The support S includes end plates 16 secured by cap screws 17 to the ends of the arcuate member 1. Stub shaft means SM are welded to and extend from the end plates and are adjustably mounted in the frame means FM. The angular position of the support can thus be changed by adjustably rotating the support on its stub shafts.
The frame F has a series of holes 20 passing therethrough and through which pressurized air is fed from the chamber 24. Chamber 24 is also defined by sheet metal members 26 and 28 that in turn are welded to a central duct 30. Air under pressure is supplied to the end of the duct 30 by a supply conduit 31 from an air supply AS (FIG. 5). The duct 30 has a longitudinal opening 32 and in this manner, pressurized air passes from duct 30 and into the chamber 24, and is readily available for discharge through the nozzle N and to each of the circumferentially spaced apart, transverse ends of the arcuate surface 2.
A pair of air nozzles is provided along and outside of each of the longitudinal edges of the running web which passes over the arcuate surface 2. This pair of air nozzles extend longitudinally of the web and adjacent the edges thereof, but outside the lateral limits of the web, and serve to eliminate side drift of the web and prevent lateral tracking instability of the web. In other words, these air slots which extend longitudinally of the web act to guide the web and apply corrective forces to web side drift resulting in stable tracking of the web and non-fluttering thereof. This web guide action is such that it pushes the web back to its proper lateral position, and if there is a drift of the web to one side or the other, these slots produce a non-symmetrical corrective pressure profile. These air slots located adjacent and along the edges of the running web will now be referred to in detail.
Referring to the modification of the invention shown in FIGS. 1-3, a pair of curved shrouds 40 are secured by cap bolts 41 to the arcuate member 1, one such shroud being located adjacent each of the outer edges of the web. These shrouds may be of various transverse widths so as to accommodate various web widths or various positions of the web laterally on the air turn support. In this manner, considerable flexibility of use of the present invention is possible. Another curved shroud member 42 is welded or otherwise secured inwardly of, i.e., to the underside of shroud 40, is concentric therewith and extends laterally inwardly of the outer shroud 40 to define a plenum space 43 into which pressurized air is introduced from chamber 24 via openings 45.
The inner shroud 42 is spaced above the curved surface 2 of member 1, preferably a distance on the order of .030" to 0.100' thereby forming a curved, annular air nozzle slot 46 adjacent the edges 47 of the web through which the pressurized air is forced from space 43. As indicated by the curvilinear arrow in FIG. 2, the air being discharged through the nozzle slot 46 enters the air cushion zone Z between the web and the arcuate surface of member 1 and is then forced to turn upon itself and exit into the atmosphere as indicated. This action occurs at each longitudinal edge of the web and together with the transverse nozzles N causes the web to ride a distance above the cylindrical surface 1 of about 1/16" to 1/8". This space of course can vary, for example if there were a larger slot opening, the web clearance would be greater. The action of the two longitudinal slots, which are not located beneath the web, but rather to each side of it, is such that side drift of the web or lateral tracking instability is eliminated, because these slots give symmetrical pressure profiles across the width of the running web. Furthermore, if there is a drift of the web to one side, the longitudinal slots provide a non-symmetrical corrective profile thus assuring proper positioning of the web in a transverse direction.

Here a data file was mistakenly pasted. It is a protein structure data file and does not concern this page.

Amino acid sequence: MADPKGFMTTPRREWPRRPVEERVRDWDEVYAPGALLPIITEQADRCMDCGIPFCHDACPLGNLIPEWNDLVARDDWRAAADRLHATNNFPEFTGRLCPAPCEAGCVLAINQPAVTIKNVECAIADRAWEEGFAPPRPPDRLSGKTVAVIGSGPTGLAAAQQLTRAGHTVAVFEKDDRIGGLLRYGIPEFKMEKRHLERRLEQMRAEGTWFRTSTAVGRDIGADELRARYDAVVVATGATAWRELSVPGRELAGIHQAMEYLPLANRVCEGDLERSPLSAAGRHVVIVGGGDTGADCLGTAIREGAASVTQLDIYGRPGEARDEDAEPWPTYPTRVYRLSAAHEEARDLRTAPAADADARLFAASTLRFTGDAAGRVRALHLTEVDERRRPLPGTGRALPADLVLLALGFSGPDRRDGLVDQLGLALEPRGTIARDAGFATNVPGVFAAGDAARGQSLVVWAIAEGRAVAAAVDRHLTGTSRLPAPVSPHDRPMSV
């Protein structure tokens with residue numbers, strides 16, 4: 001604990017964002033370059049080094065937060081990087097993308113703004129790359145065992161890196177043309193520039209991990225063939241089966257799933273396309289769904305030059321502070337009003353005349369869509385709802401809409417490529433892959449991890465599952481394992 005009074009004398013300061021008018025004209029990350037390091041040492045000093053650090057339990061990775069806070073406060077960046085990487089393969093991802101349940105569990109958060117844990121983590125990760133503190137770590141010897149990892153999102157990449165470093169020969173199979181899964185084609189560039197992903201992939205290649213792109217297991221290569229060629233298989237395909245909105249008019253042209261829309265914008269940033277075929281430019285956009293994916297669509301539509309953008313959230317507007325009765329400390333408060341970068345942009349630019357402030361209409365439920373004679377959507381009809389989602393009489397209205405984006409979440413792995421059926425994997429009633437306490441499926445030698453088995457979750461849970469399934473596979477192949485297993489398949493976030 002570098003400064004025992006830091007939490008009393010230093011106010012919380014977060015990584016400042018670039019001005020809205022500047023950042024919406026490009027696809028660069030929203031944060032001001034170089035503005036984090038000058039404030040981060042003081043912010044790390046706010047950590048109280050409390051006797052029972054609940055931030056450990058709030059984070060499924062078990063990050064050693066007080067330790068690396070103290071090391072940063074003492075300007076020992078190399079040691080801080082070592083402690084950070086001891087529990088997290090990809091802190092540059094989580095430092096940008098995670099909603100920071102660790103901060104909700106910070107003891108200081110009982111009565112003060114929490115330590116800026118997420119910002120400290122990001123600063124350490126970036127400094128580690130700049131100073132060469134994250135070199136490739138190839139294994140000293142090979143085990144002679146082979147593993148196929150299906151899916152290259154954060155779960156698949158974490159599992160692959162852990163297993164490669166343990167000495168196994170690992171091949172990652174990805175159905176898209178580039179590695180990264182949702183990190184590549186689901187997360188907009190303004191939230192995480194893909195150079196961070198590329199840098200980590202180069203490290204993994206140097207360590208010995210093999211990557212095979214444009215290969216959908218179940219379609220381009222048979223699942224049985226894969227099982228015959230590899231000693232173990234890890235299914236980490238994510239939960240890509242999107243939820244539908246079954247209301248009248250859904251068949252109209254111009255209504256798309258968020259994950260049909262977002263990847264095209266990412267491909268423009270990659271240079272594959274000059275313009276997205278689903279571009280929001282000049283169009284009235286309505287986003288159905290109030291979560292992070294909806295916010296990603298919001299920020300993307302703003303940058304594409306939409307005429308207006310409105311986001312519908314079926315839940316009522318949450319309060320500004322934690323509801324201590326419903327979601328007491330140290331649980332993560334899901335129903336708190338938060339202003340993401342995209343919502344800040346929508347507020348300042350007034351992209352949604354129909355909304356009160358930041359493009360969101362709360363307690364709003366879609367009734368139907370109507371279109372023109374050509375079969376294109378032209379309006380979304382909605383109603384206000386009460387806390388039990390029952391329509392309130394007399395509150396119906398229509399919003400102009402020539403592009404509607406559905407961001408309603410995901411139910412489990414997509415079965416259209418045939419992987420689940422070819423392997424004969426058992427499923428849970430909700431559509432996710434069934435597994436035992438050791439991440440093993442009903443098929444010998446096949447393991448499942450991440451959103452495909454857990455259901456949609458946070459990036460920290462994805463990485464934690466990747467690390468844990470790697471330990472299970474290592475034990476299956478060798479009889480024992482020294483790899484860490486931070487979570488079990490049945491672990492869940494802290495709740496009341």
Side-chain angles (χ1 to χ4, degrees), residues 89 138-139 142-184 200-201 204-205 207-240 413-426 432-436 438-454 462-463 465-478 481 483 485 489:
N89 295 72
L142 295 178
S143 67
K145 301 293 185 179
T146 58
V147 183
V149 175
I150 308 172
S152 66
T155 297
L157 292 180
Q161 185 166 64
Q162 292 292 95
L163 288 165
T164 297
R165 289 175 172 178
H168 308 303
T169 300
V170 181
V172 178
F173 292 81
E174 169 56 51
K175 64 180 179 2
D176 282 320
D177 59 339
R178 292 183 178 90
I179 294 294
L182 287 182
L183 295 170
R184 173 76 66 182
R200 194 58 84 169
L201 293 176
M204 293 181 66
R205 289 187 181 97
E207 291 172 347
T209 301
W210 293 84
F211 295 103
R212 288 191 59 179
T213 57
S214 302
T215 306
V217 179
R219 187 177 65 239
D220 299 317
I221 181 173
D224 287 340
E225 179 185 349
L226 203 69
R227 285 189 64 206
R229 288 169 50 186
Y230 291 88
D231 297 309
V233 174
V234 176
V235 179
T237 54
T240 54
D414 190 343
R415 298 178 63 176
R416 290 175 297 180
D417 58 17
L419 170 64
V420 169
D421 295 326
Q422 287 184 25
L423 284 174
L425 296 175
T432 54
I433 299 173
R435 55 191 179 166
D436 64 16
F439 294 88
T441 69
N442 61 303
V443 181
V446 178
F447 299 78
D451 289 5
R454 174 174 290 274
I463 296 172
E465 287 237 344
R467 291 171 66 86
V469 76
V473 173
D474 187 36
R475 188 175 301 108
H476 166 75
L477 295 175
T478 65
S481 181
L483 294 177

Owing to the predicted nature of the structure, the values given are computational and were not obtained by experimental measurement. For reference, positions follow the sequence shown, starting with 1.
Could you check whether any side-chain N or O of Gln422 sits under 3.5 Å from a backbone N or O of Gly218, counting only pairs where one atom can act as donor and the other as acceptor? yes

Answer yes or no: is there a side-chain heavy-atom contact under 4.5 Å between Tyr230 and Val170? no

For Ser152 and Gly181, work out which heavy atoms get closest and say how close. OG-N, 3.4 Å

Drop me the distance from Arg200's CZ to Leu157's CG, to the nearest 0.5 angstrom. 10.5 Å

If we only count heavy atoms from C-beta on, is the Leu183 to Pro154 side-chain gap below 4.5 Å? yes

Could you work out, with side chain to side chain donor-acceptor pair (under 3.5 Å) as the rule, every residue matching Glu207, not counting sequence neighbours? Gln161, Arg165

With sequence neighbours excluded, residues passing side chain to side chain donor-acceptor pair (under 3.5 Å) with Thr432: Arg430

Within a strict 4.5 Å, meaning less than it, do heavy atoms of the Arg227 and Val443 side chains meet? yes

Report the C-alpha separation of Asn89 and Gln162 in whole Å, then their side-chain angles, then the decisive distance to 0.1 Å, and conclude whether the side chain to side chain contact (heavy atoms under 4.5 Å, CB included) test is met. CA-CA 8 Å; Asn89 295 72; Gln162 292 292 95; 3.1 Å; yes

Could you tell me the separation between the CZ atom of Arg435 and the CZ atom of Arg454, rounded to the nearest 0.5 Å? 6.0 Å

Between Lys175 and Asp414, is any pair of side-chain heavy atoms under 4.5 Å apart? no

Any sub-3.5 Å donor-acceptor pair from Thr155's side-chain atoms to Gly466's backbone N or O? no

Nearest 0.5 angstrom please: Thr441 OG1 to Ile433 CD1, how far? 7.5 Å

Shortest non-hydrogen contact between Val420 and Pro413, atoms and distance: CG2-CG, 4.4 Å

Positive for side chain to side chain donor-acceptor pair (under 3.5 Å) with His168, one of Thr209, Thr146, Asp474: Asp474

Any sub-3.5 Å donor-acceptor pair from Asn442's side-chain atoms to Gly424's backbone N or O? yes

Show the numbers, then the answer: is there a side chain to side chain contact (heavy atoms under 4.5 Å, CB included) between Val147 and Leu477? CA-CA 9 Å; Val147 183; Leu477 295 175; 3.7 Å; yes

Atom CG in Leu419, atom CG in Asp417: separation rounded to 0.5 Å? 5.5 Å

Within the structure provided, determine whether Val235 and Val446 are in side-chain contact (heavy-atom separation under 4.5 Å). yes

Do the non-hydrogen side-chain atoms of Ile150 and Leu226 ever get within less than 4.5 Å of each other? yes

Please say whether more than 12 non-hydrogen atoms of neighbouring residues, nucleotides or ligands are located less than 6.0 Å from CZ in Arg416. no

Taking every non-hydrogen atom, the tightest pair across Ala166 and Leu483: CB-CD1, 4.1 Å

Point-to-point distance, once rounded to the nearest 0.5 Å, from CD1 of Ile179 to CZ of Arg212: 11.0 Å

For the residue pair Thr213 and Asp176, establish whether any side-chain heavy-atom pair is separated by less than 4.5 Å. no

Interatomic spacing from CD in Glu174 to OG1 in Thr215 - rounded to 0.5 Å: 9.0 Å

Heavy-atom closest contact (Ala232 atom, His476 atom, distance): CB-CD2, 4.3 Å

As shown in FIG. 2a, the nozzle slot 46a is larger and can extend above the web in which case a portion of the air emitted by the nozzle will be directly discharged above the web. This is not a preferred situation, but the wall jets aimed at the web edges may be slightly thicker than the space between the web and the cylindrical support surface without causing flutter.
The modification shown in FIGS. 5-10 also provide a pair of longitudinally extending nozzle slots along each longitudinal edge of the web and at the sides thereof but these nozzle slots are formed in the surface of the curved support member 1, as clearly shown in FIG. 9. In this case, the curved member 1 is made up of three parts, 1a, 1b, and 1c, the member 1b also being shown clearly in FIG. 10 and attached to the framework of the machine by cap screws, as are members 1a and 1c. In this embodiment, the curved corners of member 1b and which form a portion of the nozzle slot, are on the order of a ratio of 1/4" to 3/8" and provide a Coanda effect for the nozzle as shown in the U.S. Pat. No. 3,549,070 to Frost et al, which issued Dec. 22, 1970 and entitled "Floatation of Sheet Materials" and which patent has been assigned to an assignee common with the present invention. In this modification also, these slots which extend longitudinally of the web are out from under the web edges. It has been found that these slots may be as much as 5/8" away from the web edge and still render the web stable and non-fluttering and the direction of air as it leaves the slots is shown by the curvilinear arrow 50 in FIG. 9.